In the long build-up to Cannes and the summer/fall festival season, Berlin-based Films Boutique has picked up world rights to Rodrigo Sepulveda’s “Aurora,” Chile’s latest serial prize-winner, and “Two Step,” the acclaimed Texas-set debut of scribe-helmer Alex R. Johnson.
The deals are recommendations in themselves: Films Boutique only acquires seven-to-ten titles every year. Some – “Walesa, Man of Hope,” Mexico’s 2013 Cannes Un Certain Talent winner “La jaula de oro” – go on to large sales success.
Both, too, are already high-profile titles, “Aurora” even before completion. Produced by Florencia Larrea (“Illiterate”) and executive-produced by Josefina Undurraga and Gregorio Gonzalez at Forastero (“The Maid”), “Aurora” was a buzz title, primarily for lead Amparo Noguera’s performance, even before competing at the Miami Festival’s Encuentros Latin American pix-in-post showcase in March, which is curated by Toronto Fest programmer Diana Sanchez.
“Aurora” won Encuentros, garnering a $35,000 pre-sales contract for Latin America from the Fox International Channels Moviecity. Two weeks later, it scooped both the Toulouse Films in Progress Prize and the Cine Plus Special Prize at the Toulouse Cinelatino Rencontres in Southern France.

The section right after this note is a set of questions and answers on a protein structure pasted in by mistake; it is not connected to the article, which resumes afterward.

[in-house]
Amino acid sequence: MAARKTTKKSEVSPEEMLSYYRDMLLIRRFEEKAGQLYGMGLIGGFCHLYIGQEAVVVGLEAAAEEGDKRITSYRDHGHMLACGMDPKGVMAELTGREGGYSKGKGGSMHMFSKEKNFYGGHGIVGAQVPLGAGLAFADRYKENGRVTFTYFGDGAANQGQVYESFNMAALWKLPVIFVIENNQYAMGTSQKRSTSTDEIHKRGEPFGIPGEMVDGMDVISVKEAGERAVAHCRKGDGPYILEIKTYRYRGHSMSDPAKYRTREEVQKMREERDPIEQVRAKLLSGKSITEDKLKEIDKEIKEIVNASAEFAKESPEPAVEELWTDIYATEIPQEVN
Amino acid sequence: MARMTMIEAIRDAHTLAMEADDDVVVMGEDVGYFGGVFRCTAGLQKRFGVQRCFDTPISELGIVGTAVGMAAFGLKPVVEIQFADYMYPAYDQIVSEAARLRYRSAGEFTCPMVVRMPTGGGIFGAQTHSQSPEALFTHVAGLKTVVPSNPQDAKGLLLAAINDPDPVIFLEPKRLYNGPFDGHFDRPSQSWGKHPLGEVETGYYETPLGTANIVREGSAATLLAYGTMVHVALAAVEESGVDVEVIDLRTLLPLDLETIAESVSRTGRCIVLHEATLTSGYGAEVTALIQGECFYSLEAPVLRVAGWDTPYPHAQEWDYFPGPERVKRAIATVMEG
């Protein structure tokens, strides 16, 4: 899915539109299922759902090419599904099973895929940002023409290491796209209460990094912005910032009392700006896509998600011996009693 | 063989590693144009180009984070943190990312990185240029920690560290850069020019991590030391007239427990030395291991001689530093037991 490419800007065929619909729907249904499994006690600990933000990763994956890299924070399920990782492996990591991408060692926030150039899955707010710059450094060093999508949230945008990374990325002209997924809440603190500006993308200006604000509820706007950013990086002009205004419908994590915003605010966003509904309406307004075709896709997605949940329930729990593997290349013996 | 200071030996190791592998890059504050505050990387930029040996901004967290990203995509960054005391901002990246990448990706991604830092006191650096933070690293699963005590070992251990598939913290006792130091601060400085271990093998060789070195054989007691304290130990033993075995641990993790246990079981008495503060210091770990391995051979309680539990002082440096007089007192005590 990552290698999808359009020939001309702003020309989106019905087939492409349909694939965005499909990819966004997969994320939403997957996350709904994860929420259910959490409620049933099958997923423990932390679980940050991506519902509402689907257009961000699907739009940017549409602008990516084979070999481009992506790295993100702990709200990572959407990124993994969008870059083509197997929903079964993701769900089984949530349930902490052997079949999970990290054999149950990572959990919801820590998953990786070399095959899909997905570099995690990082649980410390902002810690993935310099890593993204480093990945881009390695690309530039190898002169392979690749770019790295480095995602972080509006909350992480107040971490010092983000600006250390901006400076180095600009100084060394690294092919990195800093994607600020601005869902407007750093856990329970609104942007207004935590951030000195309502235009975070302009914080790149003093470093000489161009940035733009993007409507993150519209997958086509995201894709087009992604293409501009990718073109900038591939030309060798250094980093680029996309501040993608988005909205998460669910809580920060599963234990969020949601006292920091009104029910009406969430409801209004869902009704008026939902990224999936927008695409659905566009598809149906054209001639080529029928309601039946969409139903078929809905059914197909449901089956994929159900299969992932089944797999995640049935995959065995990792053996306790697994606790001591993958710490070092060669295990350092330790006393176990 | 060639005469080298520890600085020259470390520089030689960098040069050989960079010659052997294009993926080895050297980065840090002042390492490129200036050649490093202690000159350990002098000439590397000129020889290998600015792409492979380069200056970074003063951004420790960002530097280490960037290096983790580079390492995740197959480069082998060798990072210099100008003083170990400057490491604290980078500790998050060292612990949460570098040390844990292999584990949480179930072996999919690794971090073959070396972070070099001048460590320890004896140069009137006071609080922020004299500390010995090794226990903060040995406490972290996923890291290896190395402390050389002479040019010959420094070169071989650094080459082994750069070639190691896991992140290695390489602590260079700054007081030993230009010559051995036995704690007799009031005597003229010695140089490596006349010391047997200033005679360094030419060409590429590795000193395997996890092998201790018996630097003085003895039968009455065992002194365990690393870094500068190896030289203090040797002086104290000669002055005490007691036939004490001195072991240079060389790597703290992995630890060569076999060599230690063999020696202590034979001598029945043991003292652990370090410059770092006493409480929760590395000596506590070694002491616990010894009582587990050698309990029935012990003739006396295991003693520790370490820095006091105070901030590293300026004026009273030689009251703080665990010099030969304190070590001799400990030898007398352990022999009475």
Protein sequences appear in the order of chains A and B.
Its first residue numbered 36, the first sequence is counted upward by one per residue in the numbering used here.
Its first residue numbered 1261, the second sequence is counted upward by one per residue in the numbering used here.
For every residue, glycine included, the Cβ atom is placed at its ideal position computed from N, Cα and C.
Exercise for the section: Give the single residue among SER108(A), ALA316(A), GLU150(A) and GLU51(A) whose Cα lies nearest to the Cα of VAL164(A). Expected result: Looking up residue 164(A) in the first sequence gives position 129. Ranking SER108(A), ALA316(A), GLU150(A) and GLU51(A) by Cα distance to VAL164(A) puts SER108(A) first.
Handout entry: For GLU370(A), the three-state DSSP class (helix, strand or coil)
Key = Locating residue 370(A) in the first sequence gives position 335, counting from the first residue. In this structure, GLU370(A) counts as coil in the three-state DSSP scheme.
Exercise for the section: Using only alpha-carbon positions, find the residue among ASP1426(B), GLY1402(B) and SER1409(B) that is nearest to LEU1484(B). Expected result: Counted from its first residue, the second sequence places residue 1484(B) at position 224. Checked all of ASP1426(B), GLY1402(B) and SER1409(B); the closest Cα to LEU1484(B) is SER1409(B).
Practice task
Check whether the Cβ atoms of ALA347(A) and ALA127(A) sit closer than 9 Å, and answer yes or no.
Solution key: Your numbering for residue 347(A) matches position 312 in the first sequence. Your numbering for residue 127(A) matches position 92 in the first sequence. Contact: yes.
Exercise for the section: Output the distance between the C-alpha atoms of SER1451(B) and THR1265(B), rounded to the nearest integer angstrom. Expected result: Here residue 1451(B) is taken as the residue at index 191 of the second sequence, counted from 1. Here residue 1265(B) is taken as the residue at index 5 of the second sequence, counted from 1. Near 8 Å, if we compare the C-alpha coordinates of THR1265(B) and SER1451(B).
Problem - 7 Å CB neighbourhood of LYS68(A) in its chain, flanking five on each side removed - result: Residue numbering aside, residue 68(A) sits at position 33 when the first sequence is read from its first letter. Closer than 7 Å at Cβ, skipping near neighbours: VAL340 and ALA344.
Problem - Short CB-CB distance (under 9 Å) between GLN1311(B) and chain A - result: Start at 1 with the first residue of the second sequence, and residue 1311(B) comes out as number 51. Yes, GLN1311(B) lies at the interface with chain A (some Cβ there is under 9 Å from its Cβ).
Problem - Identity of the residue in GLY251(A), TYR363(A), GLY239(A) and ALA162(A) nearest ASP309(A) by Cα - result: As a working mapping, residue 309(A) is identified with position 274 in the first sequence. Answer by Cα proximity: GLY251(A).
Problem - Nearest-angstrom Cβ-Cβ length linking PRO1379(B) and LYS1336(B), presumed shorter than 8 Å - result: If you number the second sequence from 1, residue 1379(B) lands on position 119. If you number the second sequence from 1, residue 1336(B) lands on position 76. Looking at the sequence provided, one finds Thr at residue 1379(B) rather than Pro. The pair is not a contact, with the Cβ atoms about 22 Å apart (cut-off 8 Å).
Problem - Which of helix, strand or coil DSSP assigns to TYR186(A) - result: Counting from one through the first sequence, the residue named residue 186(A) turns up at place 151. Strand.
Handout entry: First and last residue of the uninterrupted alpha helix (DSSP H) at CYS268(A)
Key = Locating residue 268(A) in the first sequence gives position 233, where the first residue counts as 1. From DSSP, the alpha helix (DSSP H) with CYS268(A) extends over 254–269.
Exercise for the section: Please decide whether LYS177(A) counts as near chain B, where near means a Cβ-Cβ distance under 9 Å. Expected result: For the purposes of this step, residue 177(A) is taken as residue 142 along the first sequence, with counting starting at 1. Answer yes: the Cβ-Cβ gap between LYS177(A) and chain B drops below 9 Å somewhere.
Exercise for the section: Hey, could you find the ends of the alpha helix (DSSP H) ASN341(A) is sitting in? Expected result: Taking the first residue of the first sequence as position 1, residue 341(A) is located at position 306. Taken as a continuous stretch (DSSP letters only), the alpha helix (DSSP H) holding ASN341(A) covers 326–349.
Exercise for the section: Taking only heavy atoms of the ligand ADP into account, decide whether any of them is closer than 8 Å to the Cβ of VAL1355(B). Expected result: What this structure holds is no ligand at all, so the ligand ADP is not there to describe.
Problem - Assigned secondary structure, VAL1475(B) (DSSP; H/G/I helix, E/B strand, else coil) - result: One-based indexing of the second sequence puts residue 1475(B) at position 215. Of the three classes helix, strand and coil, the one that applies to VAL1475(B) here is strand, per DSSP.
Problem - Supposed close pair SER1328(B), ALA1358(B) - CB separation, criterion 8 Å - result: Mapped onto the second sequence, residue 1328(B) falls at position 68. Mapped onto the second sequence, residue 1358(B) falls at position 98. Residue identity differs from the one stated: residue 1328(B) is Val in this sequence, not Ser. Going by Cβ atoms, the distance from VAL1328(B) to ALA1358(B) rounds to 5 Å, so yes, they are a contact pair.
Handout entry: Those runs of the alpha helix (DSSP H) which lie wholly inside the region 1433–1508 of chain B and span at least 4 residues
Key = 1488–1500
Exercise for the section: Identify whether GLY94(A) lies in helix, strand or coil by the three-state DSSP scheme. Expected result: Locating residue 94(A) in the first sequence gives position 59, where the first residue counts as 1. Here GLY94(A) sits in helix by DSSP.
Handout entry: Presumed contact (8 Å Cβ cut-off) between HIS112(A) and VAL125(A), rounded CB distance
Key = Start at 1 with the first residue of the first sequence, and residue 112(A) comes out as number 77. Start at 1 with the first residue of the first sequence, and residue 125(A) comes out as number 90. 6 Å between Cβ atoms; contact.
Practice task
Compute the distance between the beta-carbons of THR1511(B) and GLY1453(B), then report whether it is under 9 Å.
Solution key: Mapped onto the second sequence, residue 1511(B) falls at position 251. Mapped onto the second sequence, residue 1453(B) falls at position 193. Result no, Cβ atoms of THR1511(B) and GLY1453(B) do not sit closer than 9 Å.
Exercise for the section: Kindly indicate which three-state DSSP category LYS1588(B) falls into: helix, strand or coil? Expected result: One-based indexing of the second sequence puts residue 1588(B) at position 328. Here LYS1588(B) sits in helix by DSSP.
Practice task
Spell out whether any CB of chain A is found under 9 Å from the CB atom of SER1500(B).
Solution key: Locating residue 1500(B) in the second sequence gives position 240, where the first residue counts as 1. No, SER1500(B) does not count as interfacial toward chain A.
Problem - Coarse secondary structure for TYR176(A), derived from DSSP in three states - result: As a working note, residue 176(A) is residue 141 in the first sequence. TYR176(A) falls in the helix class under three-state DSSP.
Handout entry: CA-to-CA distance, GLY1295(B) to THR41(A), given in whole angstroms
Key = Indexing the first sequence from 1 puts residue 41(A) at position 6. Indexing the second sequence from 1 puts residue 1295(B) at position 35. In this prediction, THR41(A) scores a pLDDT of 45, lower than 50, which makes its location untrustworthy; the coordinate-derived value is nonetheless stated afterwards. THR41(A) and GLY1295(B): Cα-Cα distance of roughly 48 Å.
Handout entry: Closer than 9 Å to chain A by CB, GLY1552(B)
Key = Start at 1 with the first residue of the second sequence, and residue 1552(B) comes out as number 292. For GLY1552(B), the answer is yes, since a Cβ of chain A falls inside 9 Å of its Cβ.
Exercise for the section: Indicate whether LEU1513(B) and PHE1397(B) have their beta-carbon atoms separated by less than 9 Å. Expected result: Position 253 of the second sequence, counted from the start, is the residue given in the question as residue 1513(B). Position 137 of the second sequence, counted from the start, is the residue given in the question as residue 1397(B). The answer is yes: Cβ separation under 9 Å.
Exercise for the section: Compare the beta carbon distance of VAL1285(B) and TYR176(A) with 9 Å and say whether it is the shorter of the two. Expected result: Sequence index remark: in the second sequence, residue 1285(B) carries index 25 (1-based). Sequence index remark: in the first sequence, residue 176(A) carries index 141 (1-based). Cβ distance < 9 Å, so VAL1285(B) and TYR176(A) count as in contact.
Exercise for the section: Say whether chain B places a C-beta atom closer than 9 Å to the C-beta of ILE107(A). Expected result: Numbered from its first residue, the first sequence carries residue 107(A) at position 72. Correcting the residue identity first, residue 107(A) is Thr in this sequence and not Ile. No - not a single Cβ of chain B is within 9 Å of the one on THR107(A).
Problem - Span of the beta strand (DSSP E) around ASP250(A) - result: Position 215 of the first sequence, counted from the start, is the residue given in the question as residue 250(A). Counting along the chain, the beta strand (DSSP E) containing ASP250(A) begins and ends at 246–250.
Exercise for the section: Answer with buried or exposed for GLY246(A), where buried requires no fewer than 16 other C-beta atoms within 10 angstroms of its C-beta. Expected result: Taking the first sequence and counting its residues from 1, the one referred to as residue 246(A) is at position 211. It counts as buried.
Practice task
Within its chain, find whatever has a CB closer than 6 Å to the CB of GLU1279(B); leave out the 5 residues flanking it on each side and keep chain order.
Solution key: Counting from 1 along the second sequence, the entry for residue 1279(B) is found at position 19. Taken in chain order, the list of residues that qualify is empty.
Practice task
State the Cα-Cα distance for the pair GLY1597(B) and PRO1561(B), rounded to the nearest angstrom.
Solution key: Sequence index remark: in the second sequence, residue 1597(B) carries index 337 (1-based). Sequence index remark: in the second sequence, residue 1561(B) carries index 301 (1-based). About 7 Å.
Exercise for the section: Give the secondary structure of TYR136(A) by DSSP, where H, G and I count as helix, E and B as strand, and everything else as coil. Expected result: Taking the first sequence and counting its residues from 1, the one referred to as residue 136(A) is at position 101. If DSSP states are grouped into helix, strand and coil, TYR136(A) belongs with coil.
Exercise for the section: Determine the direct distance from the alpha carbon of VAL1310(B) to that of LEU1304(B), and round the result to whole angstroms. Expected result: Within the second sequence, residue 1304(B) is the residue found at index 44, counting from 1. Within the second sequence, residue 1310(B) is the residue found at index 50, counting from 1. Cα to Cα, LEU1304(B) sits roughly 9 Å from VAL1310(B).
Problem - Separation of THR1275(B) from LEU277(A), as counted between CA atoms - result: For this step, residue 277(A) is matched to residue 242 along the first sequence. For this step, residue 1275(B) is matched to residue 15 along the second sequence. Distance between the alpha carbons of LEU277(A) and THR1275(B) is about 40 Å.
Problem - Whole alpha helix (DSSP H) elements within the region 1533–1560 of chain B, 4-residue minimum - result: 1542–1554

Sepulveda’s third feature after “A Thief and His Wife” and “Padre Nuestro,” “Aurora” stars Noguera as a woman who finds a dead baby in a landfill. She seeks to adopt it, to give it a burial.
“’Aurora’ is one of those few films that makes you cry but also makes you believe in love and empathy. The struggle of this woman for the dignity of the baby and the acting of Amparo Noguera make the film very special, moving and unique,” declared Films Boutique CEO Jean-Christophe Simon.
The film is expected to have its world premiere at one of the summer/fall festivals, he added.
“Two Step” world premiered at SXSW, also in March, to upbeat reactions. “This well-acted character-driven thriller marinates in Austin atmosphere and delivers unconventional thrills,” Variety wrote, summarizing a review that suggested a cult following could be in the offing.
In “Two Step,” after the death of his grandmother, college student James inherits her house and discovers she’s been the victim of the “grandparent scam” in which someone posing as James has been slowly bilking her out of thousands. But before James can go looking for the culprit, he shows up at the front door, desperate for money.
“Two Step’ is an unconventional thriller focusing on an amazing gallery of characters and on dialogues to build up its suspense,” said Simon.
“The Texas atmosphere gives the film a special touch thus turning it into a very original and powerful film.”